Kitagawa checked the seriousness of these issues by referring to some data and analysis. The data used in the presentation showed that these issues were not unrelated to us such as “one in seven children is in poverty in Japan”. Art festival doesn’t solve these social issues directly. However, it can be a starting point for people to proactively consider what can be done and take small steps for actions.

Kitagawa: The starting point of ETAT was to discover this region’s originality. It has created opportunities for exchange, learning and collaborations which then has lead to bringing visitors to the region. Since the artworks belong to the entire space of their respective surrondings, we have made travels to get to see the artworks as part of experience. In local communities facing real problems, several attempts have been made to consider the relationship between nature (civilisation) and humans, while involving governments and artists through their works.

The festival has been a medium for connecting diverse elements. Performances, workshops, highlighting culinary cultures and guided tours in addition to supports and exchanges with Kohebi-tai are part of what the festival has brought.

A workshop to create an artwork with ISOBE Yukihisa.

What has born out of these activities includes site-specitic artworks as well as exchanges and collaborations amongst different groups of people within and outside the region. As we face post-pandemic challenges, Kitagawa describes these assets of ETAT as the initial enthusiasm, “that is something to return to when we lose the future direction.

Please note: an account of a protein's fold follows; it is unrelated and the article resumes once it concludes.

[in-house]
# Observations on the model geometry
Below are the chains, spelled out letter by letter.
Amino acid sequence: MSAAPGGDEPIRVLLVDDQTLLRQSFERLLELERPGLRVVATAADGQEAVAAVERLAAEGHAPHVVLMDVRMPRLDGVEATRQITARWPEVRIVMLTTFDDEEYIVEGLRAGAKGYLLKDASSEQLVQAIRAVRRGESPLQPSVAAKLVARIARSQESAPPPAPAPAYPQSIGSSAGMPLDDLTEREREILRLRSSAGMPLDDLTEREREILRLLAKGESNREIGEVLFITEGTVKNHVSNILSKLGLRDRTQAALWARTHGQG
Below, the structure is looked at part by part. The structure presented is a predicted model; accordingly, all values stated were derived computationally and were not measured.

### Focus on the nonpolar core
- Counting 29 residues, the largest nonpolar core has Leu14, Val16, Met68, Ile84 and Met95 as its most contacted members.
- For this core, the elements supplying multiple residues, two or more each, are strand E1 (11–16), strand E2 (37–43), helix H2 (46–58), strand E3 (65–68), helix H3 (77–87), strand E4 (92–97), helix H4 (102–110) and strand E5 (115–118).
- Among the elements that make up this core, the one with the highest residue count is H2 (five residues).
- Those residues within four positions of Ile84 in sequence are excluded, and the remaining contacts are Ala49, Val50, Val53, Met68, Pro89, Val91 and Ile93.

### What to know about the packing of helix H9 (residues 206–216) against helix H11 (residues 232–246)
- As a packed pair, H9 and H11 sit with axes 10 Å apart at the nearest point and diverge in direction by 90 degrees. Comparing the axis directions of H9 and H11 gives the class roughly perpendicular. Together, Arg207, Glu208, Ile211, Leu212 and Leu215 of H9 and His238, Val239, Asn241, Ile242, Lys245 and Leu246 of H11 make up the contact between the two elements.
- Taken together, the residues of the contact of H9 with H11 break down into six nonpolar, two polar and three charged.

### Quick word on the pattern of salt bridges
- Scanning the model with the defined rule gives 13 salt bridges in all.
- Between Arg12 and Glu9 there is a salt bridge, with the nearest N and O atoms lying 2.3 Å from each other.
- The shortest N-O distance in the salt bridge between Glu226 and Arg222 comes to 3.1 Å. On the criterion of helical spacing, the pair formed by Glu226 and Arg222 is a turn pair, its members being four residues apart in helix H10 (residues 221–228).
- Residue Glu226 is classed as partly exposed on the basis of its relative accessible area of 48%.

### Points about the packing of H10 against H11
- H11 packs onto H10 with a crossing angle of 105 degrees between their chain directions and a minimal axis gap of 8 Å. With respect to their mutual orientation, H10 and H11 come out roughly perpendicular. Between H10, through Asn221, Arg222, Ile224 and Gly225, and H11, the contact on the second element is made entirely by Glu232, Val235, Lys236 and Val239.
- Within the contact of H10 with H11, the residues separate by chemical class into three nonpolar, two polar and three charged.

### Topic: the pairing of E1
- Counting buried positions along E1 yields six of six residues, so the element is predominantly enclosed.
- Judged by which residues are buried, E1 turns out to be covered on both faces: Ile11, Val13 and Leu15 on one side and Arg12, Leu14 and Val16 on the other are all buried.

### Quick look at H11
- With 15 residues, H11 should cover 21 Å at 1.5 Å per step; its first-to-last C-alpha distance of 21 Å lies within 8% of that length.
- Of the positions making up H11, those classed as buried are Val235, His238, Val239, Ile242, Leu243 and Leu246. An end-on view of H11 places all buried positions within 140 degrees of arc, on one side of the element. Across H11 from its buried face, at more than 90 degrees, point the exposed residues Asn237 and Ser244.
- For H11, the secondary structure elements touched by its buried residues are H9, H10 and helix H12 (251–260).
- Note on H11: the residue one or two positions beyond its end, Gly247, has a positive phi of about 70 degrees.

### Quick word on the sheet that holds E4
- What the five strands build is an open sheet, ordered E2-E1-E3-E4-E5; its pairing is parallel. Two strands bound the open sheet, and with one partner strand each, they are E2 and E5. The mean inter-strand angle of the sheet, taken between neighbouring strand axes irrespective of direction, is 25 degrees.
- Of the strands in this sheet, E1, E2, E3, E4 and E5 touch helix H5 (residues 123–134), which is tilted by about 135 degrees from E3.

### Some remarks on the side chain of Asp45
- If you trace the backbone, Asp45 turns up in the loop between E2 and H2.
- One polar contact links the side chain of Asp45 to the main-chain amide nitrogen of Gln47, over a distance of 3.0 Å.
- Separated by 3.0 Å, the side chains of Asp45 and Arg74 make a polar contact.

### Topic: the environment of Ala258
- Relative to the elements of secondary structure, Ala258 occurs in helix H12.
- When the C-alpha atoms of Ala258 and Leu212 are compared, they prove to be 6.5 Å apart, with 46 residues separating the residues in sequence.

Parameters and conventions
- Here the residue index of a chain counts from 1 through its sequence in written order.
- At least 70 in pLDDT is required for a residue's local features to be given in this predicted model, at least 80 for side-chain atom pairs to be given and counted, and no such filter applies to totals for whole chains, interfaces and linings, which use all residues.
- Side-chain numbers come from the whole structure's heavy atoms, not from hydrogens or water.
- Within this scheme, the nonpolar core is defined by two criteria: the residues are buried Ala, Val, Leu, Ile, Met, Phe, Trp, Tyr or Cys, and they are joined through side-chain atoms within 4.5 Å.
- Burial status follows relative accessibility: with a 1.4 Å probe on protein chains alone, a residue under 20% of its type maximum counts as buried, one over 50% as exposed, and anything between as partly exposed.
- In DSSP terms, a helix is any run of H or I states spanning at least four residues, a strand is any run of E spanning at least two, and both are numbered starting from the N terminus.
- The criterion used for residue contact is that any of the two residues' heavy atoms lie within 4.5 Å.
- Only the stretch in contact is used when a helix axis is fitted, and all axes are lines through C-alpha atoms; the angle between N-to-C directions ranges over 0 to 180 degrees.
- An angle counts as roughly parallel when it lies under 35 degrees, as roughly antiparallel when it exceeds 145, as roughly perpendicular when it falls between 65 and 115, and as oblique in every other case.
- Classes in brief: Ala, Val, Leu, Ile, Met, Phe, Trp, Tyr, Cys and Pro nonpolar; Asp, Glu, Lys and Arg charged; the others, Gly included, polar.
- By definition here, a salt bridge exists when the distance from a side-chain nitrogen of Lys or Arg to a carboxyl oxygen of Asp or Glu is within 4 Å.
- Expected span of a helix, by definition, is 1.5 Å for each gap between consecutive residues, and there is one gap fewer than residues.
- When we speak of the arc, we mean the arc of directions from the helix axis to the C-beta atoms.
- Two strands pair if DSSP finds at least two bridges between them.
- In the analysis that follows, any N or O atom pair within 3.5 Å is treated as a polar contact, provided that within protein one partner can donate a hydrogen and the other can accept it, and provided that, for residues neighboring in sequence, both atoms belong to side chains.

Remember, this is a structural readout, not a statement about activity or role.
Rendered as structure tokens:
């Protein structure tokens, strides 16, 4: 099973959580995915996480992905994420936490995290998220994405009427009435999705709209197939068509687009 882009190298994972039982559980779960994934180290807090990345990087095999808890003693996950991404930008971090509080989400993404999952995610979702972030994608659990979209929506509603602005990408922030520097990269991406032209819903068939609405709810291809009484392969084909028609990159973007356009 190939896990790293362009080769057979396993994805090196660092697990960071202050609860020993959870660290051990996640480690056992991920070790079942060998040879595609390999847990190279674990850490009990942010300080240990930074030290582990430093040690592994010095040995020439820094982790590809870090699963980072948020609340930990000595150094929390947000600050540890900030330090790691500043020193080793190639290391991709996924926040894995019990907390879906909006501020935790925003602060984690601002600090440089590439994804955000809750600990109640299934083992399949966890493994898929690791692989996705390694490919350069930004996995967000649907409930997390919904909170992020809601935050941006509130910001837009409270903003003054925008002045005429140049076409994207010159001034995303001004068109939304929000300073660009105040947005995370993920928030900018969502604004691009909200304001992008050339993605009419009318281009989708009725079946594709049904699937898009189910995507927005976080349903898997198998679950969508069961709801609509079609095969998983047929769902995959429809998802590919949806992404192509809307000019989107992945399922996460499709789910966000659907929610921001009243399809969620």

Moreover, he has always tried to “go up to the ring (dohyo) with opposit party” as he has worked together with the public bodies and local communities. It was important to do so rather than proceeding forward only with people who agreed with the festival from the begining. This perspective has also lead to the following keywords “diversity: global/local”. Diversity here is represented not only by artworks but also by Kohebi-tai which attracts people from different regions with diverse cultural backgrounds and ages.

Once again with Kohebi-tai

Kohebi-tai working with TAKAHASHI Kyota, the artist to create artwork for the Snow Fireworks called “Gift for Frozen Village”.

While the event was called “Briefing on “rebooting” Kohabi-tai”, the talk focused on the overall framework of the festival. It showed how Kohebi-tai had become an integrated part of the festival and thus “rebooting” Kohebi-tai would prompt the re-launching of the festival itself.

Kitagawa: When the first festival was held in 2000, Kohebi-tai played a significant role when we didn’t have enough visitors, artworks, nor those who could go in-between people. It was because there was a sense that the art festival was run as “our school / a place to learn from each other”. It has transformed into “Koebi-tai” of the Setouchi Triennale and “Nanohana Players” of the Ichihara Art Mix. However, we are currently facing a difficult situation in which the fundamental human desire to meet and speak with others face to face is not fully met due to the pandemic. How to think from such situation is now in question.

We have been exploring different ideas. For example, during the lockdown of the COVID-19, five festivals including ETAT have opened a new Instagram account in June called “Artists’ Breath“.  It is a platform to share various “artists’ breath” through two-minutes movie clips by artists who were supposed to participate in those festivals that have been postponed.